Father. The position and authority of the father as the head of the family are expressly assumed and sanctioned in Scripture, as a likeness of that of the Almighty over his creatures. It lies, of course, at the root of that so-called patriarchal government, Genesis 3:16; 1 Corinthians 11:3, which was introductory to the more definite systems which followed, and which in part, but not wholly, superseded it. The father's blessing was regarded as conferring special benefit, but his malediction, special injury, on those on whom it fell, Genesis 9:25; Genesis 9:27; Genesis 27:27-40; Genesis 48:15; Genesis 48:20; Genesis 49:1, and so, also, the sin of a parent was held to affect, in certain cases, the welfare of his descendants. 2 Kings 5:27.
The command to honor parents is noticed by St. Paul as the only one of the Decalogue which bore a distinct promise, Exodus 20:12; Ephesians 6:2, and disrespect towards them was condemned by the law as one of the worst crimes. Exodus 21:15; Exodus 21:17; 1 Timothy 1:9. It is to this well-recognized theory of parental authority and supremacy that the very various uses of the term "father" in Scripture are due. "Fathers" is used in the sense of seniors, Acts 7:2; Acts 22:1, and of parents in general, or ancestors. Daniel 5:2; Jeremiah 27:7; Matthew 23:30; Matthew 23:32.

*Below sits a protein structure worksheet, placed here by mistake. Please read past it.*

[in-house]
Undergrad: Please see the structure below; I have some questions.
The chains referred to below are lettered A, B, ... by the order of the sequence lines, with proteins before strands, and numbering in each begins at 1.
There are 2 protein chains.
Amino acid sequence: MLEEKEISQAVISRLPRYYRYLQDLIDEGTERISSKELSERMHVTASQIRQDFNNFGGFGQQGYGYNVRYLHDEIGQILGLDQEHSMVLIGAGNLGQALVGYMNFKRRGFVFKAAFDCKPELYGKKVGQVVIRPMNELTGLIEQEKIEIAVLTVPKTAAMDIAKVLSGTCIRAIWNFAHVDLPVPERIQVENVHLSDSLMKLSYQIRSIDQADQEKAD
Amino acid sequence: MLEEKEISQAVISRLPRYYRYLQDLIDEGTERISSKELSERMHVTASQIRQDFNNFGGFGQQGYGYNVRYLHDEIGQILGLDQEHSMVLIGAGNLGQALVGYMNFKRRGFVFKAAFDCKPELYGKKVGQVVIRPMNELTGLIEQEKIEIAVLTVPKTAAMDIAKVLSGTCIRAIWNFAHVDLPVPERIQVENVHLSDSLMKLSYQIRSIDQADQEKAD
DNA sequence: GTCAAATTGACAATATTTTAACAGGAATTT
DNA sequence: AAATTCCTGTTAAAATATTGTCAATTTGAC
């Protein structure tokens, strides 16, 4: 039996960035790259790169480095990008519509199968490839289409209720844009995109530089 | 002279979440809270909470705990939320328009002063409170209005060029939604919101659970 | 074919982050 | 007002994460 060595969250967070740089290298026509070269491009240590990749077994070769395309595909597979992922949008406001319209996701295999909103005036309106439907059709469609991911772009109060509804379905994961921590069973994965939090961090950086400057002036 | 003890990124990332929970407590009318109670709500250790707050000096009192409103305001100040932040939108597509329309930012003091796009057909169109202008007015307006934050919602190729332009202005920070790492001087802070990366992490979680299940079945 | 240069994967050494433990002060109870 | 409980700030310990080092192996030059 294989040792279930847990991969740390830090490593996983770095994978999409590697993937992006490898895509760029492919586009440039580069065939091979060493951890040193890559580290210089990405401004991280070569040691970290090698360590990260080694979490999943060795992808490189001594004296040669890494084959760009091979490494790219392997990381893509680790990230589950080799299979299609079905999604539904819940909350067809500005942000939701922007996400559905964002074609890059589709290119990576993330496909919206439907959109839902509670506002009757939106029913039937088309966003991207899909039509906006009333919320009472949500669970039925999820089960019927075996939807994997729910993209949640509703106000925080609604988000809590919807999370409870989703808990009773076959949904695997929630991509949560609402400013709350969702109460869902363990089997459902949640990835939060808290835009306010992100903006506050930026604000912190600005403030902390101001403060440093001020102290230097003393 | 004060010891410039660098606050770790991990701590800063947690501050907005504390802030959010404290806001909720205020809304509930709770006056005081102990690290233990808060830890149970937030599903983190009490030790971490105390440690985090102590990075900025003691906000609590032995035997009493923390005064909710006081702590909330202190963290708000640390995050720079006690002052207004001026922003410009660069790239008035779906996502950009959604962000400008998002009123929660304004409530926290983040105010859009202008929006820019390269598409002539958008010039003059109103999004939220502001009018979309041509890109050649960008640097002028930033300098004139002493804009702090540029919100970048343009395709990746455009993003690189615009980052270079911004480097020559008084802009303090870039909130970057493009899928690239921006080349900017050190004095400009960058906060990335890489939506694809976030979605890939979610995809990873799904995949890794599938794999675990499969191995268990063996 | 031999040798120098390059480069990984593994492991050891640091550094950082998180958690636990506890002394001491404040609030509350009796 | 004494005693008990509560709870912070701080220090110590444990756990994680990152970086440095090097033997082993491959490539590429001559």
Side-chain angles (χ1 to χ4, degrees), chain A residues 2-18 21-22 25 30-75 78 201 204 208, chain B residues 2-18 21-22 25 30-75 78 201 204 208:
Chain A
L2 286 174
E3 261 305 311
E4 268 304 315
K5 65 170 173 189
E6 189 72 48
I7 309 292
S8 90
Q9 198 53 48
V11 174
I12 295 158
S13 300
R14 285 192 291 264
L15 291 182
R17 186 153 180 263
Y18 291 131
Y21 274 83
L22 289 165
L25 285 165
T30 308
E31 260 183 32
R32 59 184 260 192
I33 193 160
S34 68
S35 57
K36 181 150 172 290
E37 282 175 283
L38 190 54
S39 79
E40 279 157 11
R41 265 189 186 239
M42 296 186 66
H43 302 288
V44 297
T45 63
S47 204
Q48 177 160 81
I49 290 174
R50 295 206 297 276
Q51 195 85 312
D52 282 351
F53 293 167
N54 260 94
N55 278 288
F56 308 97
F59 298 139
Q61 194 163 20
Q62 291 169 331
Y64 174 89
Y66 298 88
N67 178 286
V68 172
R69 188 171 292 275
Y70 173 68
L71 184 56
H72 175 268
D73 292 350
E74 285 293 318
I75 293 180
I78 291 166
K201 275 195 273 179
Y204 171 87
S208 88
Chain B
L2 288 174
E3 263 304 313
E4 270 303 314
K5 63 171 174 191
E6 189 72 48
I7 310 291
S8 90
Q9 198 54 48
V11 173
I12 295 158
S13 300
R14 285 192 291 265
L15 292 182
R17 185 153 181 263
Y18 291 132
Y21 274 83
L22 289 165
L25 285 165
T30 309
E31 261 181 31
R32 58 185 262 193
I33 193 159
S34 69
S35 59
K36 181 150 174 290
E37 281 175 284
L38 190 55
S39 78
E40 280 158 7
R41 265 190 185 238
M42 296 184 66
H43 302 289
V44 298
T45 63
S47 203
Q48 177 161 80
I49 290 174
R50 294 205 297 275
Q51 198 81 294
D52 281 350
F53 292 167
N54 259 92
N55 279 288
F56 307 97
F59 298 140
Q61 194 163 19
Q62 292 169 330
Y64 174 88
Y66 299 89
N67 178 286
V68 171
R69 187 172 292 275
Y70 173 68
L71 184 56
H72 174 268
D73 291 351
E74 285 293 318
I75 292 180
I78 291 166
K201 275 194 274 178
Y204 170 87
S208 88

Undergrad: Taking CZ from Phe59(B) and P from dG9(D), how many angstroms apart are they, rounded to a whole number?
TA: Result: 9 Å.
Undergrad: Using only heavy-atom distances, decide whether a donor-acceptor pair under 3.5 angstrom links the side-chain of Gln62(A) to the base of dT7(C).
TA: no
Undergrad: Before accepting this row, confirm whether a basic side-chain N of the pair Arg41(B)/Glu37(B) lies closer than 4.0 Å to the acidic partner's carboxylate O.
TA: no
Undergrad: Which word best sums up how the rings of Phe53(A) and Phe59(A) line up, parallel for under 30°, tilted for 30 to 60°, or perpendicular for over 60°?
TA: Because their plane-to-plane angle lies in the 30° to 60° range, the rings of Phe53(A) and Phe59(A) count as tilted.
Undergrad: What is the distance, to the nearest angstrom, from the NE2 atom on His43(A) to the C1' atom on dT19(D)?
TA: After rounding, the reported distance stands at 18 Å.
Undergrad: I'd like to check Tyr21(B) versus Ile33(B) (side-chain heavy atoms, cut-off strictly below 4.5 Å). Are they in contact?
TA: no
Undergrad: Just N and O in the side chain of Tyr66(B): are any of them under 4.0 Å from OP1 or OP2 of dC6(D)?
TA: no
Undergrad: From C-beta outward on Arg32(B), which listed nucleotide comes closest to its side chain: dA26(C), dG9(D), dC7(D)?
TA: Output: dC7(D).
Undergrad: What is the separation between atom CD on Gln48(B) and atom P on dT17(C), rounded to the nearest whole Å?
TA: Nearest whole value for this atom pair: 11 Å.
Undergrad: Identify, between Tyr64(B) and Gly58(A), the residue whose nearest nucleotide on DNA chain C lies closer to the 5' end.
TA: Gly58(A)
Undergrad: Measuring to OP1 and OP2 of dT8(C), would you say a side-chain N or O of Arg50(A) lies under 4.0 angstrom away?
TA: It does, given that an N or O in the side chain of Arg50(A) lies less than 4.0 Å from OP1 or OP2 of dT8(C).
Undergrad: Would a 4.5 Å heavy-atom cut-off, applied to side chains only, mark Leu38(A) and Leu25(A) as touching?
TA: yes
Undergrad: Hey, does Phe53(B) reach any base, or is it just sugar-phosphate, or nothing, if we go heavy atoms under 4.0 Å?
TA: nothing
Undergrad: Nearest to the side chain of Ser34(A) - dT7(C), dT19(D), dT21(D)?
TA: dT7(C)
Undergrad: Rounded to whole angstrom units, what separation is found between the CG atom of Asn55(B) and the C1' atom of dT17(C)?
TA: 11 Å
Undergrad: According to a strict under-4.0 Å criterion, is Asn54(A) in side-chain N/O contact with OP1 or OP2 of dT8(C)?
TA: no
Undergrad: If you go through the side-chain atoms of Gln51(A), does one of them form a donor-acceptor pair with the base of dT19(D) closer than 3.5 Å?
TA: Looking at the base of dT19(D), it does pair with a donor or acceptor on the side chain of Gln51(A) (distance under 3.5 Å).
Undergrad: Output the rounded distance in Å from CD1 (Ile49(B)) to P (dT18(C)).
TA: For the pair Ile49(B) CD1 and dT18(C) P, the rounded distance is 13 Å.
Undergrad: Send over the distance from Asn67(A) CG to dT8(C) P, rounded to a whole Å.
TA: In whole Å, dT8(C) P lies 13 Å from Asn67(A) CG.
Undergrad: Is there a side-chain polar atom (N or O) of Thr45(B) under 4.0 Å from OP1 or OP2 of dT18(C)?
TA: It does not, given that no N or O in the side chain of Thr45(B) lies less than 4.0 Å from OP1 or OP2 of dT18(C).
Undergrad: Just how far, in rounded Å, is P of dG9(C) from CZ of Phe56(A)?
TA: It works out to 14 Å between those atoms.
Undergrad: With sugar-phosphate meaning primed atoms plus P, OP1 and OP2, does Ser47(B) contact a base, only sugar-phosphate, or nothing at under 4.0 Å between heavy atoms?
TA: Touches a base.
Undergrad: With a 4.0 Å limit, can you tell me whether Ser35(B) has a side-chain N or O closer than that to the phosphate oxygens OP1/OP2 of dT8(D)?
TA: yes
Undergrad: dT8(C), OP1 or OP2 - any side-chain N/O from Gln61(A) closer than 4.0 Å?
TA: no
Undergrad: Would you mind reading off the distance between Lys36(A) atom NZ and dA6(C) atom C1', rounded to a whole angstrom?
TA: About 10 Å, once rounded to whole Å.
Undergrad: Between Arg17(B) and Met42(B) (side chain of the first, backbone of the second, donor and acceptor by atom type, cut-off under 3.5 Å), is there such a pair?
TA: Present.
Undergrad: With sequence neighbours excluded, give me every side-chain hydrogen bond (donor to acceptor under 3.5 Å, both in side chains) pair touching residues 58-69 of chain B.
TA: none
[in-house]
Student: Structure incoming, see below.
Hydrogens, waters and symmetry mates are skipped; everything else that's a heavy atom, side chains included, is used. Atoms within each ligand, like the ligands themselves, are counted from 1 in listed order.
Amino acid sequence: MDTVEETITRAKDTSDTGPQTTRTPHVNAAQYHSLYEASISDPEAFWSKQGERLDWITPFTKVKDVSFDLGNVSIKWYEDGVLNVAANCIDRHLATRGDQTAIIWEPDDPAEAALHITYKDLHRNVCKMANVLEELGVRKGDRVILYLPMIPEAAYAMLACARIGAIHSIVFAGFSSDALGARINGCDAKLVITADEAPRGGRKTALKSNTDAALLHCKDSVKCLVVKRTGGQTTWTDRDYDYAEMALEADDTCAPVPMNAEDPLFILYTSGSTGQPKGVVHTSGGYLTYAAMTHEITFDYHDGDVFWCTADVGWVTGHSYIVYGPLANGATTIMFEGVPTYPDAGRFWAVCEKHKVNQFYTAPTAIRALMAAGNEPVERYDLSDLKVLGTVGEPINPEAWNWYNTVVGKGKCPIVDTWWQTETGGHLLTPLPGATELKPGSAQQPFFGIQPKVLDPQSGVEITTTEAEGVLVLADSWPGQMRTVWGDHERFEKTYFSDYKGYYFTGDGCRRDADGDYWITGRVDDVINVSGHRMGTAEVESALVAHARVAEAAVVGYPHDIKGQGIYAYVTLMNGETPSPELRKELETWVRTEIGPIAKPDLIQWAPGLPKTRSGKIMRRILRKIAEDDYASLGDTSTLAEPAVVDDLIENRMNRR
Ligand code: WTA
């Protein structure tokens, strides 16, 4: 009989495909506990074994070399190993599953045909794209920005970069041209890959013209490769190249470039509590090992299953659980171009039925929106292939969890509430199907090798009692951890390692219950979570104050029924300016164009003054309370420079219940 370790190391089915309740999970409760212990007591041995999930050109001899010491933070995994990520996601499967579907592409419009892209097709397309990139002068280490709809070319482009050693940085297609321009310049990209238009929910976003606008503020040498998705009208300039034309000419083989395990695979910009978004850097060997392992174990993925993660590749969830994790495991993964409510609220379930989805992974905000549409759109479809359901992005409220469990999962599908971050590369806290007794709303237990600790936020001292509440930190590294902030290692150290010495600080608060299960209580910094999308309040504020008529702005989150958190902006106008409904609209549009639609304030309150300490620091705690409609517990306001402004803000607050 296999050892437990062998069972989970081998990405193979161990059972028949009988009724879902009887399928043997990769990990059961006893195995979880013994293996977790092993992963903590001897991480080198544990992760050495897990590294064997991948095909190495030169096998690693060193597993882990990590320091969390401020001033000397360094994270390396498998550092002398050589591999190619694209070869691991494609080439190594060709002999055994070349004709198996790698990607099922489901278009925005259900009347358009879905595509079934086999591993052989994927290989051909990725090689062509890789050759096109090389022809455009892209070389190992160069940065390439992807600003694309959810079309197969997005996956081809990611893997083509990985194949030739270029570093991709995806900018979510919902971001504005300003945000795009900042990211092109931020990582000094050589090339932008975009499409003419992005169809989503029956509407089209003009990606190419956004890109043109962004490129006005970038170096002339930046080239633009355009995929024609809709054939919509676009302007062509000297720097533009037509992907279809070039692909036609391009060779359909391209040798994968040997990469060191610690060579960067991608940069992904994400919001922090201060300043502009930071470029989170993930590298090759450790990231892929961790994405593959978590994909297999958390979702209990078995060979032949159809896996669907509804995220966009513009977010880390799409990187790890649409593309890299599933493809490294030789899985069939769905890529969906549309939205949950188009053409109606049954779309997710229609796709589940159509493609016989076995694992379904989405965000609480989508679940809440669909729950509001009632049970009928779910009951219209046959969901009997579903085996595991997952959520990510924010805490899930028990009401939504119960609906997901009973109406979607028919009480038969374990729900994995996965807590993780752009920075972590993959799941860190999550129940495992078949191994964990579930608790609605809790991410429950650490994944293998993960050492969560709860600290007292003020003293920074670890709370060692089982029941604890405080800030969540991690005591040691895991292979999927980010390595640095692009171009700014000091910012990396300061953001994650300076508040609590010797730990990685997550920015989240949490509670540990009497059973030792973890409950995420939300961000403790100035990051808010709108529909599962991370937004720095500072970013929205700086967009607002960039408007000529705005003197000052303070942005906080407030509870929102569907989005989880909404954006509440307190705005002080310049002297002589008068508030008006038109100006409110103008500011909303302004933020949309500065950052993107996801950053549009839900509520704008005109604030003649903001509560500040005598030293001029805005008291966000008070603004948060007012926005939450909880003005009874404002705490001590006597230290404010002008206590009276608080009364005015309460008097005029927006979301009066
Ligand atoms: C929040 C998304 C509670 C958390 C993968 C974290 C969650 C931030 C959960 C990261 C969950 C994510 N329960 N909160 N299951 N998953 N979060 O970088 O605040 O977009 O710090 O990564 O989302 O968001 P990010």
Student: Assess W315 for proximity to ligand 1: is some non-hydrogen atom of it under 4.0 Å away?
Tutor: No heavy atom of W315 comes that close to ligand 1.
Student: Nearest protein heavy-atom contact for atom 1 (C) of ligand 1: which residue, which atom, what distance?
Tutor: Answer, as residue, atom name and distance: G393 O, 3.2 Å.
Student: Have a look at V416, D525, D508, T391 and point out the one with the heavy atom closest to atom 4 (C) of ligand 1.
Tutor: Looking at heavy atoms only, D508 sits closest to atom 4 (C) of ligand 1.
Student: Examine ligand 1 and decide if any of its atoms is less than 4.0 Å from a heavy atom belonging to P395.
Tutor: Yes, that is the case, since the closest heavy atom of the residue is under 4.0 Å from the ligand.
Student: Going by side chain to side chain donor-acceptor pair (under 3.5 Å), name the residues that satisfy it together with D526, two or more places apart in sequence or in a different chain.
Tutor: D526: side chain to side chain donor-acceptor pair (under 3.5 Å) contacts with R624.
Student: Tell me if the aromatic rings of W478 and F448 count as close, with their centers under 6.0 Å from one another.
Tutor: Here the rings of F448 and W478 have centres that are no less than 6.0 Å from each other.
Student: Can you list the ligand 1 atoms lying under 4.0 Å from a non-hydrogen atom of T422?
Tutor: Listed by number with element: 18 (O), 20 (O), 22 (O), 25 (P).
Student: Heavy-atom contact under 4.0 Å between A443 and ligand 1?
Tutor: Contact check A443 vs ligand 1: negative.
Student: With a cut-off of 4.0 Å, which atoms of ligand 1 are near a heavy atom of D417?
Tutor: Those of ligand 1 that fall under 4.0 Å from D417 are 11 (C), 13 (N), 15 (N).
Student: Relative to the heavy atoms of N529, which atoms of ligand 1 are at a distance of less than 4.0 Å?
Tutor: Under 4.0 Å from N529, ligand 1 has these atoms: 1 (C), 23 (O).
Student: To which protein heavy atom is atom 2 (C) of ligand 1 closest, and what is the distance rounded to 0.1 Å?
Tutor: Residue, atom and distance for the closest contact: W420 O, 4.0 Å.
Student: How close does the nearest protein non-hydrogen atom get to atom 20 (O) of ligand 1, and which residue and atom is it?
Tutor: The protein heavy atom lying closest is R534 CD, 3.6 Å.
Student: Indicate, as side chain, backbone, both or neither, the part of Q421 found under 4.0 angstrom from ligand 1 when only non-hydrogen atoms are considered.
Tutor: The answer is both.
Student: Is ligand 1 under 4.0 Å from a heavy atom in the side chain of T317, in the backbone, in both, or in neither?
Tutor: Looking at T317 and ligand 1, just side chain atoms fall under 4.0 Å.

Webster's Dictionary 
(1): ( n.) One of the chief esslesiastical authorities of the first centuries after Christ; - often spoken of collectively as the Fathers; as, the Latin, Greek, or apostolic Fathers.
(2): ( v. t.) To take as one's own child; to adopt; hence, to assume as one's own work; to acknowledge one's self author of or responsible for (a statement, policy, etc.).
(3): ( n.) The Supreme Being and Creator; God; in theology, the first person in the Trinity.
(4): ( n.) One who performs the offices of a parent by maintenance, affetionate care, counsel, or protection.